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Is There Any Hope Left for DiDi Global's IPO?

For China-based ride-sharing service DiDi Global (NYSE: DIDI), June 30 was the peak of its public debt. At the height of its first day of trading, the company had a market cap of $80 billion. However, the shares' time at that level was extremely short-lived as its market cap has fallen below $60 billion since then.

The stock plunged after China's ruling Communist Party (CCP) suspended downloads of DiDi's namesake app from smartphone app stores in the country, citing cybersecurity risks regarding sensitive consumer data. The ban is likely temporary as more than 377 million of its existing annual users and 13 million drivers are still allowed to use the app. But even as shares have fallen below their IPO price, investors should proceed cautiously before buying the dip.

Image source: Getty Images.

What's going on?

The controversy surrounding DiDi isn't really that different from that of its American counterparts such as Uber and Lyft. Back in May, China's Ministry of Transport already had a preliminary conversation with the company regarding its business practices. DiDi essentially holds a monopoly in China with control over 88.7% of the rideshare market (as of May 2020). Even back in 2017, passenger volumes on the platform were 20 times larger than that of air travel and three times more than rail passengers.

As a result, Didi controls a mountain of passenger traffic data and uses it to questionable ends. For example, the company has been accused of artificially deflating the cost of rides to weed out competitors (like taxi companies) and then raising them back up once its rivals are out of the business.

In addition, ridesharing is still something of a maverick industry. That means labor laws regarding whether or not drivers are employees or gig workers are pretty much nonexistent -- similar to the debate that has raged in the U.S. Drivers are starting to demand a minimum wage for their service, and their grievances have attracted the central government's attention in Beijing. Their pay can also be very inconsistent across the platform, ranging from 79% of the ride cost to just 30%.

The ban was also partly political in nature. The CCP has recently launched a coordinated effort targeting China-based issuers of American Depositary Receipts (ADRs) like DiDi. The company (like many others) incorporated in the Cayman Islands to bypass China's stringent laws on companies' ability to raise foreign capital. That means foreign shareholders get to have a say in how DiDi operates -- which is not something the authoritarian regime necessarily wants.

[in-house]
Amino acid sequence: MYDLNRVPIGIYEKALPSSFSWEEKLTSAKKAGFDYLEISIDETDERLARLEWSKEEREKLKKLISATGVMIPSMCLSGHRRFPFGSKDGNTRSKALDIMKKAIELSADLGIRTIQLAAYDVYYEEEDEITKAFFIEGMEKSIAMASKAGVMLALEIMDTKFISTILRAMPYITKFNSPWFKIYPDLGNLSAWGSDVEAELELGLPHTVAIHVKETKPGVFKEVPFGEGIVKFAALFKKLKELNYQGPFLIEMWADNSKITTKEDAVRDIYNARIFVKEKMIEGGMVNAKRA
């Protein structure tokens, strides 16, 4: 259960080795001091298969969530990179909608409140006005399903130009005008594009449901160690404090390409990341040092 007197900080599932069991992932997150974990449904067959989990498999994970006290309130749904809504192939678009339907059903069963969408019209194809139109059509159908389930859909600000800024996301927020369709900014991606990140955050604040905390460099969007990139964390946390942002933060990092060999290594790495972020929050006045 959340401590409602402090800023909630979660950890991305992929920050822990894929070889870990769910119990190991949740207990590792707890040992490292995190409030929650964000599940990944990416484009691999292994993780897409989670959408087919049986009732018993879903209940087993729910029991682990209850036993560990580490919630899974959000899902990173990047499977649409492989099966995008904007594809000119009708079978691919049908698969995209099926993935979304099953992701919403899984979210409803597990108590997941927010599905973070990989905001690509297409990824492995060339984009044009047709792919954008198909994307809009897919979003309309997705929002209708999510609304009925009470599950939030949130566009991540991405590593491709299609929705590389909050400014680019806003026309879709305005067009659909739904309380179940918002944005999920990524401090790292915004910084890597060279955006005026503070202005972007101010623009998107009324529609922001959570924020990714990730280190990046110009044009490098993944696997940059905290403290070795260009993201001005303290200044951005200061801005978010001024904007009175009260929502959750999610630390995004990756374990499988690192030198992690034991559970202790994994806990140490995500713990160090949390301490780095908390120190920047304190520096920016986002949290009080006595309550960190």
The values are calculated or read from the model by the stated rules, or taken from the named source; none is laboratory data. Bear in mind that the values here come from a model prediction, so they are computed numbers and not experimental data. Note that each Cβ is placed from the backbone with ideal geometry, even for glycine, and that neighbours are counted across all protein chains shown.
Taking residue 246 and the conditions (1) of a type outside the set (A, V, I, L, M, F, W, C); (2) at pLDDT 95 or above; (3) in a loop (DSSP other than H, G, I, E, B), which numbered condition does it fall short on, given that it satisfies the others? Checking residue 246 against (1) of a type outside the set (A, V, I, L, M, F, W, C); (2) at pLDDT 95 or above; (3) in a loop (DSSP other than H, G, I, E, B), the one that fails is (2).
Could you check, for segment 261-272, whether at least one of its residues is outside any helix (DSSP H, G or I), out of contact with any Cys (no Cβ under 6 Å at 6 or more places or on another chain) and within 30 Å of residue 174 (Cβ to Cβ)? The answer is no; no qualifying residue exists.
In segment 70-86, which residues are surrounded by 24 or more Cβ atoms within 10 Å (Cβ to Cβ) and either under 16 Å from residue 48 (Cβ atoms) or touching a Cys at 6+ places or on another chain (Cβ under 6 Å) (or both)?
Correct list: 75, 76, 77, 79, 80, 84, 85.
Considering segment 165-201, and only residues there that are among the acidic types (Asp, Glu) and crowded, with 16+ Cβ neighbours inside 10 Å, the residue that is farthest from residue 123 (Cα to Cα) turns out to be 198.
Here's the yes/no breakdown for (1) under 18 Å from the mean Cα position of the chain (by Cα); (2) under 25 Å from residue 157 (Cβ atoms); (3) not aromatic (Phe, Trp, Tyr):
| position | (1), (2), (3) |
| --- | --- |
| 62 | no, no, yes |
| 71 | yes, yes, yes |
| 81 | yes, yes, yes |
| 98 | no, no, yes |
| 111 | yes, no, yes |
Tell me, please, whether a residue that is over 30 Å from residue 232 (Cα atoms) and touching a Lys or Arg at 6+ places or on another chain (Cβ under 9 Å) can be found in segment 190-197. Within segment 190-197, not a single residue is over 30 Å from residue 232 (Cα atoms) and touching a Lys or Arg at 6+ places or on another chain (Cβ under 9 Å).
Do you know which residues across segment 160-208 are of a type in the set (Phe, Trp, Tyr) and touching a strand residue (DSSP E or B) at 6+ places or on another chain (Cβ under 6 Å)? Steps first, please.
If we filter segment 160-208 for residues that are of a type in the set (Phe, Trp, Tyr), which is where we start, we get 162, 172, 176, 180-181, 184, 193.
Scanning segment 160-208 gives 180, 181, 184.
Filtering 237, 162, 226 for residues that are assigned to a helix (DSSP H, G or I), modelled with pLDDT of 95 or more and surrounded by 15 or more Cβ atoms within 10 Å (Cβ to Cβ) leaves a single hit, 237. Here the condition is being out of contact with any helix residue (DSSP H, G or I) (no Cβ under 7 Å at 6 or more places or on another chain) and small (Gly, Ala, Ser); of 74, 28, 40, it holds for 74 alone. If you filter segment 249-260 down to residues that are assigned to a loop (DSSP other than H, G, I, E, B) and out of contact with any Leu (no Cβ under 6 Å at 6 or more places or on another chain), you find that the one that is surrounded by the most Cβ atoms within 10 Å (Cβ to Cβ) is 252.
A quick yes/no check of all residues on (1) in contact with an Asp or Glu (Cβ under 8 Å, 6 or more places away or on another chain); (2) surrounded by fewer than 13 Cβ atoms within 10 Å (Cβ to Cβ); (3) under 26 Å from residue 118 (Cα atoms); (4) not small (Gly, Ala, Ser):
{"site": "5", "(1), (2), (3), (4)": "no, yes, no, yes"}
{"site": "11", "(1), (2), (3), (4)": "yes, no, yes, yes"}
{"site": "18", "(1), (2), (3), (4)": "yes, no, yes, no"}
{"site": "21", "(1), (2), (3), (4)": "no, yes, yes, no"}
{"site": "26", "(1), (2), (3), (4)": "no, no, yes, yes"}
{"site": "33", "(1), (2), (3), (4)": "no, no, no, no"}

What is the outlook?

DiDi stock's valuation further complicates the picture. Shares currently trade at just 2.3 times revenue, quite reasonable for a company that reported 106% year-over-year sales growth in the first quarter. However, less than 2% of its sales came from outside of China last year. That means the bulk of the company's business is at the mercy of the Chinese government. If it does something that rubs regulators in the wrong way again -- it may face even tougher challenges.

To keep passenger volume growing, DiDi is also operating on thin margins, so investors should keep in mind the company won't be posting soaring profits anytime soon (though it is currently breaking even).

DiDi's growth is about to fall off a small cliff or into a deep ravine depending on how long its ban from app stores lasts. But that's not all -- the Chinese government also has the power to break up its monopoly, and there is still the possibility for new labor laws to mandate minimum wages for drivers, further eating away at profitability.

I'd be very hesitant to put my money in a company that has attracted Beijing's attention in this manner. At a minimum, investors should wait for updates on the current ban and see how DiDi can steer away from further regulatory action before opening a stake in this tech stock.

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Zhiyuan Sun has no position in any of the stocks mentioned. The Motley Fool recommends Uber Technologies. The Motley Fool has a disclosure policy.


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